Sunday, March 21, 2010

OK - HUGE event in Tulsa April 8th and Oklahoma City April 9th (PLEASE ATTEND IF POSSIBLE)

The April PRI (Prisoner Reentry Initiative) Educational and Networking Forum has the theme of "Reality Check: What Works and What Doesn't Work In Community-Based Sex Offender Management."

Experts from across this broad field, including corrections, victim advocates, therapists, law enforcement, reentry professionals, and more, will be addressing some of the hardest questions surrounding how we can keep our communities safe while maintaining sound public policy and a humane approach to sex offender management.

Events are April 8 (Tulsa) and April 9 (OKC) from 9 AM to 4 PM. Lunch and materials will be provided. The registration is $20 and must be paid in advance. Government employees may provide a purchase order in lieu of prepayment by emailing the PA to Steve Gordon at gordonstevenr@gmail.com. For registration and payment information, go to: www.okreentry.org

Event locations are listed below:

April 8, 9AM to 4PM : The Sanctuary Church

(Use Rear Entrance)
1228 E. 5th Street, Tulsa

April 9, 9AM to 4PM : Crossings Community Center

(Old Wal-Mart Center)
2208 W. Hefner Road, OKC

Contact Info

Deborah R. Price, Projects Manager
Office of Faith-Based and Community Initiatives
Post Office Box 25352
Oklahoma City, OK 73125
deborah.price@faithlinksok.org
Voice: (405) 522-0606
FAX: (405) 521-6868

For more information visit: www.faithlinksok.org

Our Mission: Linking state government with faith-based and community groups to help Oklahoman's in need!


"The best way to get a bad law repealed is to enforce it strictly." - Abraham Lincoln


CA - Investigating Jessica's Law

Video Link



"The best way to get a bad law repealed is to enforce it strictly." - Abraham Lincoln


Rethinking Sex Offender Laws for Teenage Texting

Original Article

03/21/2010

By TAMAR LEWIN

In Iowa, Jorge Canal is on the sex offenders registry because, at age 18, he was convicted of distributing obscene materials to a minor after he sent a picture of his penis by cellphone to a 14-year-old female friend who had requested it.

In Florida, Phillip Alpert, then 18, was charged with distributing child pornography and put on the sex offenders registry because after a fight, he sent a photograph of his nude 16-year-old girlfriend by e-mail to dozens of people, including her parents.

In most states, teenagers who send or receive sexually explicit photographs by cellphone or computer — known as “sexting” — have risked felony child pornography charges and being listed on a sex offender registry for decades to come.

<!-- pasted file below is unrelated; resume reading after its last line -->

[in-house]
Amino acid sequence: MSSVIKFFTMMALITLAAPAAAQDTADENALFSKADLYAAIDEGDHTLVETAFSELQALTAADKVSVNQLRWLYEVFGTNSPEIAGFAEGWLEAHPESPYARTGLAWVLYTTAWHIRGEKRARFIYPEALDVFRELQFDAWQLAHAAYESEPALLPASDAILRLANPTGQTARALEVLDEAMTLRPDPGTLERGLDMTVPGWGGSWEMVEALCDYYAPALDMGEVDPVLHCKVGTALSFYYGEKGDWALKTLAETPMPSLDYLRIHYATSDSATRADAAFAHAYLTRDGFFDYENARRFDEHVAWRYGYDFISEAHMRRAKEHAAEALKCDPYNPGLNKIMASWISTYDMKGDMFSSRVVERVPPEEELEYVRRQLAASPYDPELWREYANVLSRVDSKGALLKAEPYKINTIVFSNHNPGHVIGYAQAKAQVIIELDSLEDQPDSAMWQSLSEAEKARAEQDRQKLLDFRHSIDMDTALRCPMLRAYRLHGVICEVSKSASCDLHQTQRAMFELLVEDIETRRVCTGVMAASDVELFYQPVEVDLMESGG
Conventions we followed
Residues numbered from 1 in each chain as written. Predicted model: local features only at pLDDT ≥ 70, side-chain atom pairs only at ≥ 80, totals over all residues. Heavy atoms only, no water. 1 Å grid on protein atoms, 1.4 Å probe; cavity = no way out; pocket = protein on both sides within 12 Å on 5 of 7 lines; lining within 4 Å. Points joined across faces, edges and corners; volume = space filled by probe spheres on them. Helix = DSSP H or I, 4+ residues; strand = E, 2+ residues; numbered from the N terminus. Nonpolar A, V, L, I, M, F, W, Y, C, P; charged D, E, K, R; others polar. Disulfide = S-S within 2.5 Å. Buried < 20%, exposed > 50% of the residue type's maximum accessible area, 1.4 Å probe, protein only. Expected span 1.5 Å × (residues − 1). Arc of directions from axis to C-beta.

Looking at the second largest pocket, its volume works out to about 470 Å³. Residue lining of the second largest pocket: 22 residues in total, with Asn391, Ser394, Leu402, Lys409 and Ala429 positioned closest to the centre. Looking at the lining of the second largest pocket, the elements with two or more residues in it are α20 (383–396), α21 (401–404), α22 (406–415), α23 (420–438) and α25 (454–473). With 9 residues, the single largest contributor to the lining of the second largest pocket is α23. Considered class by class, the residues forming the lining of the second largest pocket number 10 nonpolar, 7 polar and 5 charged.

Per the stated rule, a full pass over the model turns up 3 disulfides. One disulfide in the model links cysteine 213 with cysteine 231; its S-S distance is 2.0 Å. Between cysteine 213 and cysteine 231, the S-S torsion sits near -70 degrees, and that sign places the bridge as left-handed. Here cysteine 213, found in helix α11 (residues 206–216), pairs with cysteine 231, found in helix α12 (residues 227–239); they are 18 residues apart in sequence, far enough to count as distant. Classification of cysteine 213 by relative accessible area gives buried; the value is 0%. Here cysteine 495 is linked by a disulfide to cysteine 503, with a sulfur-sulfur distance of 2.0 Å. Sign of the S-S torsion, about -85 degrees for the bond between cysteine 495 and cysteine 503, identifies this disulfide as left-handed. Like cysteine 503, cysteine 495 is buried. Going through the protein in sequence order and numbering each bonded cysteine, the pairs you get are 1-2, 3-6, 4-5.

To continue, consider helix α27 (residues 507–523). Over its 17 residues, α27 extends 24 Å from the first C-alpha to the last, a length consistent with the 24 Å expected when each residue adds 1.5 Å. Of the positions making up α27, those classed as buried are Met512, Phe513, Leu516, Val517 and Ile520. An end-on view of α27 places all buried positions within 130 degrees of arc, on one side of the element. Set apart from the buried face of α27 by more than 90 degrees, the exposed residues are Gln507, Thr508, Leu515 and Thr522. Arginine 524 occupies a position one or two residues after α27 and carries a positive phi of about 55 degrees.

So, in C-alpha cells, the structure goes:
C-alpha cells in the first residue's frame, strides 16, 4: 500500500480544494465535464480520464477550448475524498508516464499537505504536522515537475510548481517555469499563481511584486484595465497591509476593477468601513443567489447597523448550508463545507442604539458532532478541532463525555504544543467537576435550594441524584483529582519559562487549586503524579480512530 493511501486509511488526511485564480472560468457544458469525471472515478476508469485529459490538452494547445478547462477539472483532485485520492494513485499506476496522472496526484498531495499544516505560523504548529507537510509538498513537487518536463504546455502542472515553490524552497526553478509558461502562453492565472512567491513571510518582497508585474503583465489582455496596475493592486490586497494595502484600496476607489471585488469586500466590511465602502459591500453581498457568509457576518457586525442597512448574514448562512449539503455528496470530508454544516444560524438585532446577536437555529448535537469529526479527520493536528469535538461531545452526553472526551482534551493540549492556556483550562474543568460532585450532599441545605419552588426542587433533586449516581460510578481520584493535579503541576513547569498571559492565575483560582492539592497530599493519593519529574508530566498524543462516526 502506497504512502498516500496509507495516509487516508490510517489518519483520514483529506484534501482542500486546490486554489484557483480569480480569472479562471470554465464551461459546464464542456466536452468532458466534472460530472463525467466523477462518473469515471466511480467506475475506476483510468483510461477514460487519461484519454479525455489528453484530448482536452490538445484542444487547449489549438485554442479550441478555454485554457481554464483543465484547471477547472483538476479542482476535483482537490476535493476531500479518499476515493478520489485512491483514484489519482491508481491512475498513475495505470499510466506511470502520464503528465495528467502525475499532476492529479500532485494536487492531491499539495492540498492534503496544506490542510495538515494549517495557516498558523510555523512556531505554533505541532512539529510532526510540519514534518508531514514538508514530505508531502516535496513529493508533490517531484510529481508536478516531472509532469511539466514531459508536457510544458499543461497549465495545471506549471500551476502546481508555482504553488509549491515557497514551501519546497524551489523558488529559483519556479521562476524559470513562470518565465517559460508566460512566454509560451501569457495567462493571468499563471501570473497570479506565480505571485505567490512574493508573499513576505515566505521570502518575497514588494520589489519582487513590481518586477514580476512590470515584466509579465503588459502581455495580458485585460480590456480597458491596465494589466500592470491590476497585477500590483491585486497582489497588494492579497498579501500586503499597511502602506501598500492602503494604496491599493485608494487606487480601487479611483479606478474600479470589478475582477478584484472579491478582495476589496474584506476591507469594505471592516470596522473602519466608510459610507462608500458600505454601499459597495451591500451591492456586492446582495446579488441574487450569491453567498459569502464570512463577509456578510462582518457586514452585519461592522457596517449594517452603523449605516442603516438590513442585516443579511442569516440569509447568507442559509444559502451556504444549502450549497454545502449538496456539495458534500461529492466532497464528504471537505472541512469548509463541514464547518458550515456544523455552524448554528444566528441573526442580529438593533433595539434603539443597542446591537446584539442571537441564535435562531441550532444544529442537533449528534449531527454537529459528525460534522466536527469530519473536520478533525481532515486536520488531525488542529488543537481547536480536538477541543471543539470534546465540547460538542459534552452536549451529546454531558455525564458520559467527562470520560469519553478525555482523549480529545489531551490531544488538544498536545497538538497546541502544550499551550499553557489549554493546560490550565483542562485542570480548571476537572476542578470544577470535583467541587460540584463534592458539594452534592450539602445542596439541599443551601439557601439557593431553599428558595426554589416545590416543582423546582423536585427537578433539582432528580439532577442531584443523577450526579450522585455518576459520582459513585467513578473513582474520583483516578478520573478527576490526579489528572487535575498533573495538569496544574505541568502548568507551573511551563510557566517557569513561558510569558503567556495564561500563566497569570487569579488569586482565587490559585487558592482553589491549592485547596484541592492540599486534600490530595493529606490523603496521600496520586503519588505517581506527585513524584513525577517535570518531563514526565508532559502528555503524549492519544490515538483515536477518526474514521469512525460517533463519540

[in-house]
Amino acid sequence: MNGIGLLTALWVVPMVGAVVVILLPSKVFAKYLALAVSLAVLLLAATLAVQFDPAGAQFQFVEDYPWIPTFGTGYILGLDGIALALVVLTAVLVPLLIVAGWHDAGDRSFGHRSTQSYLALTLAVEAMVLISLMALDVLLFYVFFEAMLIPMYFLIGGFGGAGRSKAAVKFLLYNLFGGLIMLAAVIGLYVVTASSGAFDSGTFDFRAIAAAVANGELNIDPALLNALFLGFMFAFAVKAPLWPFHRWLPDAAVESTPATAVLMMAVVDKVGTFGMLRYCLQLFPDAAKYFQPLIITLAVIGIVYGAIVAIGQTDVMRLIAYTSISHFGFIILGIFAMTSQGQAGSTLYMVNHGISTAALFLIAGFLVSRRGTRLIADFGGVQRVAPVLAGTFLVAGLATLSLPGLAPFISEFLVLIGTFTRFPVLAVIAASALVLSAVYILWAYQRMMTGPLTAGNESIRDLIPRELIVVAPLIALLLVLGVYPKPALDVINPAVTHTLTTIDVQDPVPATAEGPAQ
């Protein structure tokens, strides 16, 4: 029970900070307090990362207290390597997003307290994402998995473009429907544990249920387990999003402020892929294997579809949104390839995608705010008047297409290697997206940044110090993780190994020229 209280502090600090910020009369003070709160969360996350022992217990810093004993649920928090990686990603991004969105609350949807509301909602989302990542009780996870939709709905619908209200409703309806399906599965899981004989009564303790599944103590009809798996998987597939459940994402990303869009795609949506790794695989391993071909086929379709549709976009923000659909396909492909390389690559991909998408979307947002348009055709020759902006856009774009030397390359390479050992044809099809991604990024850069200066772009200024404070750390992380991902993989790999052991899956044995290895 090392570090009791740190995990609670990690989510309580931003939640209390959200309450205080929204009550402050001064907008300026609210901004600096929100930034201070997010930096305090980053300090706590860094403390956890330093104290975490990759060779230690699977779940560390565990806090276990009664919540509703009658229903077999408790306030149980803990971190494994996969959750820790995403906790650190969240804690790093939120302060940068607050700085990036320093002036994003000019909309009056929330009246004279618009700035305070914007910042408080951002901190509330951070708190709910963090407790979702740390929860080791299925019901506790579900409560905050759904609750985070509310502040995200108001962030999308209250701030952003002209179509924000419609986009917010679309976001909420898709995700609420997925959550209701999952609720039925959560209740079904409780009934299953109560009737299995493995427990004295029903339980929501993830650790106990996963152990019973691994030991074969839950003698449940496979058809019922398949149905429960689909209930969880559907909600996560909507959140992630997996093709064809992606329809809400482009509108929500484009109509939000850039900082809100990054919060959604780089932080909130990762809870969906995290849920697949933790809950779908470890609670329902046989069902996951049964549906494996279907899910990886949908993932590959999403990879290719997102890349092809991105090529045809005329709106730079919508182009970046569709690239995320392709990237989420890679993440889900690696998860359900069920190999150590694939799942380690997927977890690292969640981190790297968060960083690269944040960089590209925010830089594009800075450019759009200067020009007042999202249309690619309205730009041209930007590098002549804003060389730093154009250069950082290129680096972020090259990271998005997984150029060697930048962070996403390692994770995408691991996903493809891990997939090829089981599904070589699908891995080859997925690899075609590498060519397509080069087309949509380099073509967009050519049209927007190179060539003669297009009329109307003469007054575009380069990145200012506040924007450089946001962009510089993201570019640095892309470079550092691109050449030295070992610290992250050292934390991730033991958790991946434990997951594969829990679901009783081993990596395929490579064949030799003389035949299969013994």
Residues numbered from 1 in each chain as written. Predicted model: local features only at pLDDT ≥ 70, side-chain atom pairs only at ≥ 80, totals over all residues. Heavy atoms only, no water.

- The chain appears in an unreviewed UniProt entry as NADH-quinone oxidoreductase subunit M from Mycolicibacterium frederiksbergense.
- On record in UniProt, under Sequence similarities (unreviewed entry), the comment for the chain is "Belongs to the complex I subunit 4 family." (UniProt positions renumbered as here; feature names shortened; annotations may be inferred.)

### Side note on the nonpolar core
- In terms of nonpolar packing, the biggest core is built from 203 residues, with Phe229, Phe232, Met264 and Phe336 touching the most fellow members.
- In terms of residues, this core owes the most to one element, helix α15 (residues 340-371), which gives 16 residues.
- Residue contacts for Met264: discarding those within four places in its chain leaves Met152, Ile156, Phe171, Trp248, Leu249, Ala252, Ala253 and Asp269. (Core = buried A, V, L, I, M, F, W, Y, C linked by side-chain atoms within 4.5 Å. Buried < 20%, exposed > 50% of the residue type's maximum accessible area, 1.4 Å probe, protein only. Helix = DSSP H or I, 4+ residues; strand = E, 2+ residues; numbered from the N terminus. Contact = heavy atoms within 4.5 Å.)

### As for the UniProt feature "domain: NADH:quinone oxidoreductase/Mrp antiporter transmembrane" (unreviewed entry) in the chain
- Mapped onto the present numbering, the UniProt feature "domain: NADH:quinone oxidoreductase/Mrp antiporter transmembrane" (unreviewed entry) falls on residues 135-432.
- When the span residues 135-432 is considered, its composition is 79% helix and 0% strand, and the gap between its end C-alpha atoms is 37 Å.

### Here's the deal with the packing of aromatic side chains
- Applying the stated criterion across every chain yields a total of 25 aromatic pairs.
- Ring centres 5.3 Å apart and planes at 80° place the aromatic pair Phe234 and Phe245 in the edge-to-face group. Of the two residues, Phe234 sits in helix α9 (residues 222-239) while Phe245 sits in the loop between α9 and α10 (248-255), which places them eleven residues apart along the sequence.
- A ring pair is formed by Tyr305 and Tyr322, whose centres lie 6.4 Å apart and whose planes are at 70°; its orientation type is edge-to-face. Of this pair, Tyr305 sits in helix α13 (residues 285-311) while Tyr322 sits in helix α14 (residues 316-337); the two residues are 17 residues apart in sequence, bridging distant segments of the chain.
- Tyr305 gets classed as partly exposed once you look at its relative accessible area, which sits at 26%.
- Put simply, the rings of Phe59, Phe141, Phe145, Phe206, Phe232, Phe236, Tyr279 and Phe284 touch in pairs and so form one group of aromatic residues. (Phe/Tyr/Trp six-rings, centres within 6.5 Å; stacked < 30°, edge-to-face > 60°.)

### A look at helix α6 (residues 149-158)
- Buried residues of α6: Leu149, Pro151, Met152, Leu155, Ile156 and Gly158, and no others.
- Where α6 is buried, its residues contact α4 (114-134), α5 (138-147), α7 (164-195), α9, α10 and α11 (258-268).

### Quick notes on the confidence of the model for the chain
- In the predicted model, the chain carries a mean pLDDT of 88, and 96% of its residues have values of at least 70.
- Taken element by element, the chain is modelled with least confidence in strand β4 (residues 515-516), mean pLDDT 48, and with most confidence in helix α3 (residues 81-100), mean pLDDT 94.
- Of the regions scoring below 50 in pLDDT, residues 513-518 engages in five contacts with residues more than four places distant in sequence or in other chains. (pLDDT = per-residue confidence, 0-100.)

But there is growing consensus among lawyers and legislators that the child pornography laws are too blunt an instrument to deal with an adolescent cyberculture in which all kinds of sexual pictures circulate on sites like MySpace and Facebook.

Last year, Nebraska, Utah and Vermont changed their laws to reduce penalties for teenagers who engage in such activities, and this year, according to the National Council on State Legislatures, 14 more states are considering legislation that would treat young people who engage in sexting differently from adult pornographers and sexual predators.

And on Wednesday, the first federal appellate opinion in a sexting case recognized that a prosecutor had gone too far in trying to enforce adult moral standards.

The opinion upheld a block on a district attorney who threatened to bring child pornography charges against girls whose pictures showing themselves scantily dressed appeared on classmates’ cellphones.

There’s a lot of confusion about how to regulate cellphones and sex and 16-year-olds,” said Amy Adler, a law professor at New York University. “We’re at this cultural shift, not only because of the technology, but because of what’s happening in terms of the representation of teen sexuality as you can see on ‘Gossip Girl.’

There are real risks that sexually explicit pictures, meant to be shared only with a friend or partner, will make their way into wide publication on the Internet and into the hands of sexual predators.

Last year, a 14-year-old New Jersey girl was arrested and charged with possession and distribution of child pornography after posting dozens of sexually explicit photographs of herself on MySpace.

Such cases, lawyers say, are far afield from what the child pornography laws were intended for. So, too, was the case of Mr. Canal, which was upheld last year by the Iowa Supreme Court.